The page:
Mission Statement: This blog was created to provide information on getting help for autism in general while focussing on locally available resources for families with newly diagnosed children in Belleville and Quinte area.

Please browse the blog at your leisure. You are welcome to comment on the posts. If you are a parent, an autism consultant, counselor, teacher with information on autism resources available in our area, please email your information to benziesangma@gmail.com. Your information will be added within 24 hours.

Local Autism Support Groups

Parents Engaging Autism Quinte (PEAQ), an autism parent support group, meets once a month on the first Tuesday of the month (no meetings in January, July and August) at Kerry's Place, 189 Victoria Avenue, Belleville at 6:30 to 8 p.m. If you have questions or suggestions for autism topics that are important to you please go to our FaceBook account and post your suggestions so that we can invite appropriate autism professionals to speak at these meetings. There won't be any meeting in December but we are taking local families supporting individuals with moderate to severe sensory challenges to the Christmas Event at the Children's Safety Village half an hour prior to the event being opened to the public.

Autism parent support group meeting hosted by Mental Health Agency, Trenton and Military Family Resource Centre (MFRC) meeting is on the Second Thursday of the month from 6 to 7:30 p.m. If you have require any further information please contact Marya Peters for more information at 613 392-2811 ext 3953 or email marya.p@trentonmfrc.ca

For info on Community Living Prince Edward County Parent Support group, contact Resource Consultants @ 613 476 6038

Central Hastings Autism Support Group meets in Madoc at the Recreation Centre. Contact Renee O’Hara, Family Resource & Support, 613-966-7413 or Tammy Kavanagh, Family Resource & Support, 613-332-3227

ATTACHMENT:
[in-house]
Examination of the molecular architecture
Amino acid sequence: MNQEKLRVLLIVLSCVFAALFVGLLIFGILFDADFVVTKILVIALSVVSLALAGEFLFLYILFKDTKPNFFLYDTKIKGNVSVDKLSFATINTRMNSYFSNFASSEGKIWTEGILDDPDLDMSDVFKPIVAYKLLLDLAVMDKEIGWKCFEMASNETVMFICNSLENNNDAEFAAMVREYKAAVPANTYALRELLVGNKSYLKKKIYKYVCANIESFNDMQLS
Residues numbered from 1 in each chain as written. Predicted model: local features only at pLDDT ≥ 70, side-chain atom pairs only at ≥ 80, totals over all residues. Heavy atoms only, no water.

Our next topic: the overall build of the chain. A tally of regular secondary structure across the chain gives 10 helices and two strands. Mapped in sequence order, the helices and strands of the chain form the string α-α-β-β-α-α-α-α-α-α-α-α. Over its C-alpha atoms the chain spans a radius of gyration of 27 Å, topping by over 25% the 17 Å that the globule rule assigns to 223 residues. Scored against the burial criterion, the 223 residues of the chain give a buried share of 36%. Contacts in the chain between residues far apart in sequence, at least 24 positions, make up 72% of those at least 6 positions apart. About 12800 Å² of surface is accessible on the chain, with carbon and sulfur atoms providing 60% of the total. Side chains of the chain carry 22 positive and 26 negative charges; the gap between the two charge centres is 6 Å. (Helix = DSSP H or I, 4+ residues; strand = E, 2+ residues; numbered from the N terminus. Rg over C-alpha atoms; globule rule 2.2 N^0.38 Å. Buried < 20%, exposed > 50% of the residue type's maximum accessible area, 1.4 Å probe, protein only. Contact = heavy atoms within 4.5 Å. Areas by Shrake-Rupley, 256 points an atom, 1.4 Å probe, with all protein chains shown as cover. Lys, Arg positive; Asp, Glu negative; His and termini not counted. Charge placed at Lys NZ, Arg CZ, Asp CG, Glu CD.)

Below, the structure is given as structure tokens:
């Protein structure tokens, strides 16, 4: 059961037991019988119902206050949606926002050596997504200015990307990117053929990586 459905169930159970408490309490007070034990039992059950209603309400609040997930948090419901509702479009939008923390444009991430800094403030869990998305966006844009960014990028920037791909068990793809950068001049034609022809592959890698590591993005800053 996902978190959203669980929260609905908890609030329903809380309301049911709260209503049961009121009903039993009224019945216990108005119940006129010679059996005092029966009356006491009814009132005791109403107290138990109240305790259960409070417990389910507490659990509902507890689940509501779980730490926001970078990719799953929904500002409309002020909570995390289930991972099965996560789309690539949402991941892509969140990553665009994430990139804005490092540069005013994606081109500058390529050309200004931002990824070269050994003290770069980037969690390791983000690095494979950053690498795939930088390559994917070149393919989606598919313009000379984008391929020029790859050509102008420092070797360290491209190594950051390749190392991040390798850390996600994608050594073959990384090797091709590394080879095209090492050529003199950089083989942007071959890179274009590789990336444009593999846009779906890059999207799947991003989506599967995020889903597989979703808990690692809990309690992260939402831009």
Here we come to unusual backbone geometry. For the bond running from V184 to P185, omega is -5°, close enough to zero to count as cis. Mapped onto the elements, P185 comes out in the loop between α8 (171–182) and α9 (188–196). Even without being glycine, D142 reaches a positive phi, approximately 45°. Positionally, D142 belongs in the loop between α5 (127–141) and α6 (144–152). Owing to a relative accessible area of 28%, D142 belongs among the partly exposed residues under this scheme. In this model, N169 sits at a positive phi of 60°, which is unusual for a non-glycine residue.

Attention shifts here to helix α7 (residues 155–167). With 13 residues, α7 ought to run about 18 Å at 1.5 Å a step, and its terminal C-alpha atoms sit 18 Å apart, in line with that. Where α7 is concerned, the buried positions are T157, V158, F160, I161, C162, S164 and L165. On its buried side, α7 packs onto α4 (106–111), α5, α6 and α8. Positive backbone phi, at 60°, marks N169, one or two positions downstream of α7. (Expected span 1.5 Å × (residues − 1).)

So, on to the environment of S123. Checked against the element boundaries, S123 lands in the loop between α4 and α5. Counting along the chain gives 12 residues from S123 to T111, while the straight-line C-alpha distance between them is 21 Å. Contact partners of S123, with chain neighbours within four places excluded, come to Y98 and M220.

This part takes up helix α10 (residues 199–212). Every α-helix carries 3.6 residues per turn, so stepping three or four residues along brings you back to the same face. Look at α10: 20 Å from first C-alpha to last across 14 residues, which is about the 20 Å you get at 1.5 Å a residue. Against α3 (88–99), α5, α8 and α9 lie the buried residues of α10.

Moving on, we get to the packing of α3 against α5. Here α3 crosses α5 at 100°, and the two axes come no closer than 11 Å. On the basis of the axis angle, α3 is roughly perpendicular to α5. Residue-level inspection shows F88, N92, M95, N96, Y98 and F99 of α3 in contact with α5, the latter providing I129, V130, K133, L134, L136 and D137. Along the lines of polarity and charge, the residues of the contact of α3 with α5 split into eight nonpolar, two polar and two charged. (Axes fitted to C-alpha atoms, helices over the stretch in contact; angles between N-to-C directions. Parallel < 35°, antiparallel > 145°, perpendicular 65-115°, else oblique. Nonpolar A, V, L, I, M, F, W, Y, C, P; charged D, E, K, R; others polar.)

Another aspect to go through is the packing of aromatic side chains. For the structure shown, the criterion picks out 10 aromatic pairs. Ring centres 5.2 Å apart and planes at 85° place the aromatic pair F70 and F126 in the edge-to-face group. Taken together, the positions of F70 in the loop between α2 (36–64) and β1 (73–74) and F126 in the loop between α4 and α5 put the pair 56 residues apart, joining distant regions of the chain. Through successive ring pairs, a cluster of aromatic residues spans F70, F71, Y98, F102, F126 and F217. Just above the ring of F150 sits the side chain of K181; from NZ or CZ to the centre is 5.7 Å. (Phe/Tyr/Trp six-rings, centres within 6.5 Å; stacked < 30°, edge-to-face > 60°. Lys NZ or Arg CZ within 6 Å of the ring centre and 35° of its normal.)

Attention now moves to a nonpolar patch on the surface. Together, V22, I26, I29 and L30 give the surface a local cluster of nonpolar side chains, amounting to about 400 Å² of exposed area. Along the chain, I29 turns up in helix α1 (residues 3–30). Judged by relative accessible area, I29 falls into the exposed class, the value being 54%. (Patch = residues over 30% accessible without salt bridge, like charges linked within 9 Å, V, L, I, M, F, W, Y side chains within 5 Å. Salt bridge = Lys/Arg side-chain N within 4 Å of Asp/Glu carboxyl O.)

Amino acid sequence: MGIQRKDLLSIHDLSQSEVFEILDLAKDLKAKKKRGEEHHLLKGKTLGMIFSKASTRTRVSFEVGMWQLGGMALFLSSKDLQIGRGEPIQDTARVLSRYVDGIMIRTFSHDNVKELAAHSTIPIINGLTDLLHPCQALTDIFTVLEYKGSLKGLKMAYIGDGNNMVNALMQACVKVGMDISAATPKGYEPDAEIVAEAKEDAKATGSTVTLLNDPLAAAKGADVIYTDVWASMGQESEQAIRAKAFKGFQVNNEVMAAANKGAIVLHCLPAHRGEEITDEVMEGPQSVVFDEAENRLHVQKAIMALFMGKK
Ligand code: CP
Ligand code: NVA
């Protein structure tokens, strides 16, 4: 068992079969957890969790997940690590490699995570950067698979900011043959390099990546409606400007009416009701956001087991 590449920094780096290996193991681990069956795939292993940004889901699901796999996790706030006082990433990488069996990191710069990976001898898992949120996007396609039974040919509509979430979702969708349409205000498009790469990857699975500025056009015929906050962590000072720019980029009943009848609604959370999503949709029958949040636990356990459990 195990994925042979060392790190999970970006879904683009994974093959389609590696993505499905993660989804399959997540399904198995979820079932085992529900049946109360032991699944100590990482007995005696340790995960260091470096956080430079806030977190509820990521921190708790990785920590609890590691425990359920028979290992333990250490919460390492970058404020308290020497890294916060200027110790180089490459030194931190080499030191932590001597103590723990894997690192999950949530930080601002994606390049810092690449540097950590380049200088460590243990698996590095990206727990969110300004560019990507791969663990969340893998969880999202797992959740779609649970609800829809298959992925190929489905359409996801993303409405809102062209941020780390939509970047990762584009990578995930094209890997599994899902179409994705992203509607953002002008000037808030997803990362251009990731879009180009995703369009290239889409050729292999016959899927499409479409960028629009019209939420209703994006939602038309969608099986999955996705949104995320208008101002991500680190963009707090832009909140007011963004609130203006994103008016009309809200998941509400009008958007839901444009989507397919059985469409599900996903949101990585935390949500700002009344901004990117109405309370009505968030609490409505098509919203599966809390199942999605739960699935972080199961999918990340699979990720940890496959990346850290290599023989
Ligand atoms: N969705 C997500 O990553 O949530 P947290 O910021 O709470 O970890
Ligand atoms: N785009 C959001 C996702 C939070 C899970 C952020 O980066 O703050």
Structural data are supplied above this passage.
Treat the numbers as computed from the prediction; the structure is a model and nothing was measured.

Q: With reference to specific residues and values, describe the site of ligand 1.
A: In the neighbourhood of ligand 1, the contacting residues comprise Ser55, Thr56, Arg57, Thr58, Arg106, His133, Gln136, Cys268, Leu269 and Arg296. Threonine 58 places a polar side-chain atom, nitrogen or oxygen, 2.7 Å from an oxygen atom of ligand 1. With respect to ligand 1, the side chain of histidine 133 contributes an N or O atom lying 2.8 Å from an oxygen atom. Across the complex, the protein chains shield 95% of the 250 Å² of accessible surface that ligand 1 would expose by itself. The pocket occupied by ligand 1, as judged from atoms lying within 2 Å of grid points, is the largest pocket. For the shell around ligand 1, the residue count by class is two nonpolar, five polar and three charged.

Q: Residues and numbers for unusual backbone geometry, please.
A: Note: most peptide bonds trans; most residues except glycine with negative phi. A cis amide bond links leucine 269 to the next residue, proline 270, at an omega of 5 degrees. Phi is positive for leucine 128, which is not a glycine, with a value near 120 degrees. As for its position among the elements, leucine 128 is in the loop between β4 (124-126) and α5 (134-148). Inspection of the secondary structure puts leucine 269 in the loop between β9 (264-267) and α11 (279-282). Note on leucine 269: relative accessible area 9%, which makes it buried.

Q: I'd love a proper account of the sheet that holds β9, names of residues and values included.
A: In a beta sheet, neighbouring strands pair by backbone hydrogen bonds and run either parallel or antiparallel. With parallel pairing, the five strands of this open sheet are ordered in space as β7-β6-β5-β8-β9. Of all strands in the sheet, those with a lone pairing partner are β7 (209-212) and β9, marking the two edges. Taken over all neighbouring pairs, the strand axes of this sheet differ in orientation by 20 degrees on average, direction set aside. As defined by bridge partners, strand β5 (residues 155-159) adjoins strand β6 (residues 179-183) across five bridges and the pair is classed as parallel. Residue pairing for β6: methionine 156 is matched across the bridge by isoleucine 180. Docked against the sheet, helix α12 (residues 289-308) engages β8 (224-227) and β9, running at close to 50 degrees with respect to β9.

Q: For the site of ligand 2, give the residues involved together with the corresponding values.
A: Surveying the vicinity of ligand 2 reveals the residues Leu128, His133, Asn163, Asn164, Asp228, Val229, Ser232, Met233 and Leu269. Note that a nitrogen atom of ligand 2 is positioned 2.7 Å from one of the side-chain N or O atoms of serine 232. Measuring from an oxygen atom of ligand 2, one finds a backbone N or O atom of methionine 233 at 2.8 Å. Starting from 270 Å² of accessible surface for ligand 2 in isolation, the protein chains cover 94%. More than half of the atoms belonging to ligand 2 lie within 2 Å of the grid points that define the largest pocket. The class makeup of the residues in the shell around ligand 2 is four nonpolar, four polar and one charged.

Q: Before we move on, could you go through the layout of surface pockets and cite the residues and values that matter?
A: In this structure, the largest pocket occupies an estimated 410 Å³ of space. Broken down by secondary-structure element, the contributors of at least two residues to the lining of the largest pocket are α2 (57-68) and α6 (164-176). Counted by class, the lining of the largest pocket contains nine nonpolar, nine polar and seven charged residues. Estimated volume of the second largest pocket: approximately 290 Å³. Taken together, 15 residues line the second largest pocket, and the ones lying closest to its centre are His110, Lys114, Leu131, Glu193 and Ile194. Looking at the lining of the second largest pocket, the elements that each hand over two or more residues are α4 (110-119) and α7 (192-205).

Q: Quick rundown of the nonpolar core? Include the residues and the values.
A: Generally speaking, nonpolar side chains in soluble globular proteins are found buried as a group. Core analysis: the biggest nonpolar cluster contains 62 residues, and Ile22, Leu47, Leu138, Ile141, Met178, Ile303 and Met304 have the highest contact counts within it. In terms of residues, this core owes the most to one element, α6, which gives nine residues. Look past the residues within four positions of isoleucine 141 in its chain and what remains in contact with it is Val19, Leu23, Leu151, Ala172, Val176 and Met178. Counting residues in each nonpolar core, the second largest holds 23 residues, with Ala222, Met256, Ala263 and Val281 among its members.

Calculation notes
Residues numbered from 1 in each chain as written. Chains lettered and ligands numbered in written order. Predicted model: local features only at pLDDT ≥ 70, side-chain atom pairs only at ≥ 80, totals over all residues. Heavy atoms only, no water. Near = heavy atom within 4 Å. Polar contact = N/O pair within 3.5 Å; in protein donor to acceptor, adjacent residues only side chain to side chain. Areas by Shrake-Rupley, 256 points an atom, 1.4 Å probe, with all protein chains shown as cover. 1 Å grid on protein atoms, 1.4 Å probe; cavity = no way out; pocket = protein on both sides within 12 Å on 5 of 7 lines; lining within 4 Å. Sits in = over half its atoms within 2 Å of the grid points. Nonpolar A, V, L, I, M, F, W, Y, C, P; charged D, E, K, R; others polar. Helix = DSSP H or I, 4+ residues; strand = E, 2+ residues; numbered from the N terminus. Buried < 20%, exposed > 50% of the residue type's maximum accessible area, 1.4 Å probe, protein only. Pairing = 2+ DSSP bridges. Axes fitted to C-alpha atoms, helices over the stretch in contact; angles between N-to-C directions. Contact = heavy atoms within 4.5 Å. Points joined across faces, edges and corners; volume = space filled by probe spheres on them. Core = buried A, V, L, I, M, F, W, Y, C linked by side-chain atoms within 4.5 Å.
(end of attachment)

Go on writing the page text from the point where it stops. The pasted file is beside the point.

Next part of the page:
Strategies for challenging behaviours

Friday, October 28, 2016

Strategies to plan for a more fun Halloween for children with autism

Halloween is just a weekend away and when we have a child with autism in our family, it won't be as easy as throwing on a costume on the evening of and going treat-or-treating. Halloween comes with a barrage of changes from regular routine for any child but more so for a child with autism who might have severe challenge with unplanned transitions from familiar to unfamiliar. The event is a big change from routine. Everything from clothing, decorations at home and at other people's homes in the neighbourhood, lights and sounds, food items, social demands, unfamiliar faces and loud crowd in some cases. But with a little planning, Halloween can be fun for kids with autism as well.
So, how to prepare for Halloween?
Make a list of points to consider. For example:
1. Costume: Some costumes are more abrasive or smell more than others and might bother a child with autism who has physical sensory problems. Some might find the wigs itchy even for a brief period of time. Just have him go without or if possible, apply some colour on the child's hair if absolutely necessary.
2. Social script: Write a short script (keep it to five or six lines) or draw a picture of what it would mean to go trick-or-treating, where you will go, what will happen at the doors of people, what can the child expect to hear and get from homeowners at their doors, what their decorations might look like, a few days before Halloween and read it or go over it together with your child. It would be great to post it on the fridge so the child can look at it every day until Halloween.
3. Route: practice going on the route that you plan to take with your child on Halloween evening and depending on your understanding of your child's patience and temperament, plan for the number of houses that you will be going to and tell you child that number so that the expectations are clear and stick to it.
4. Food: If your child has food allergy, make a clear rule for your child that candies and food items that he or she is given during treat or treating can only be eaten at home after your inspection.
5. Plan B: If your child simply cannot tolerate going trick or treating in the busier neighbourhood where there are lots of children or where the decorations are likely to trigger a meltdown, take your child to quiet streets or just role play at home with family members.
Hope you and your child will have a great time at Halloween this year!

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In it for the long haul...

I created this blog with my sincere wish that those of you reading this will want to share your own stories, both good and bad, what worked for you and what didn't and together, we can make it easier for the next family beginning their own journey of discovery. By posting what you know, where you have recieved certain services, who you have talked to, whose expertise you trust, how you navigated the school education services and by responding to questions in the discussion thread, know that you have helped a family in need. So, parents, experts in the field, counsellors, teachers and everyone who has any information on resources available, please feel free to post on this blog.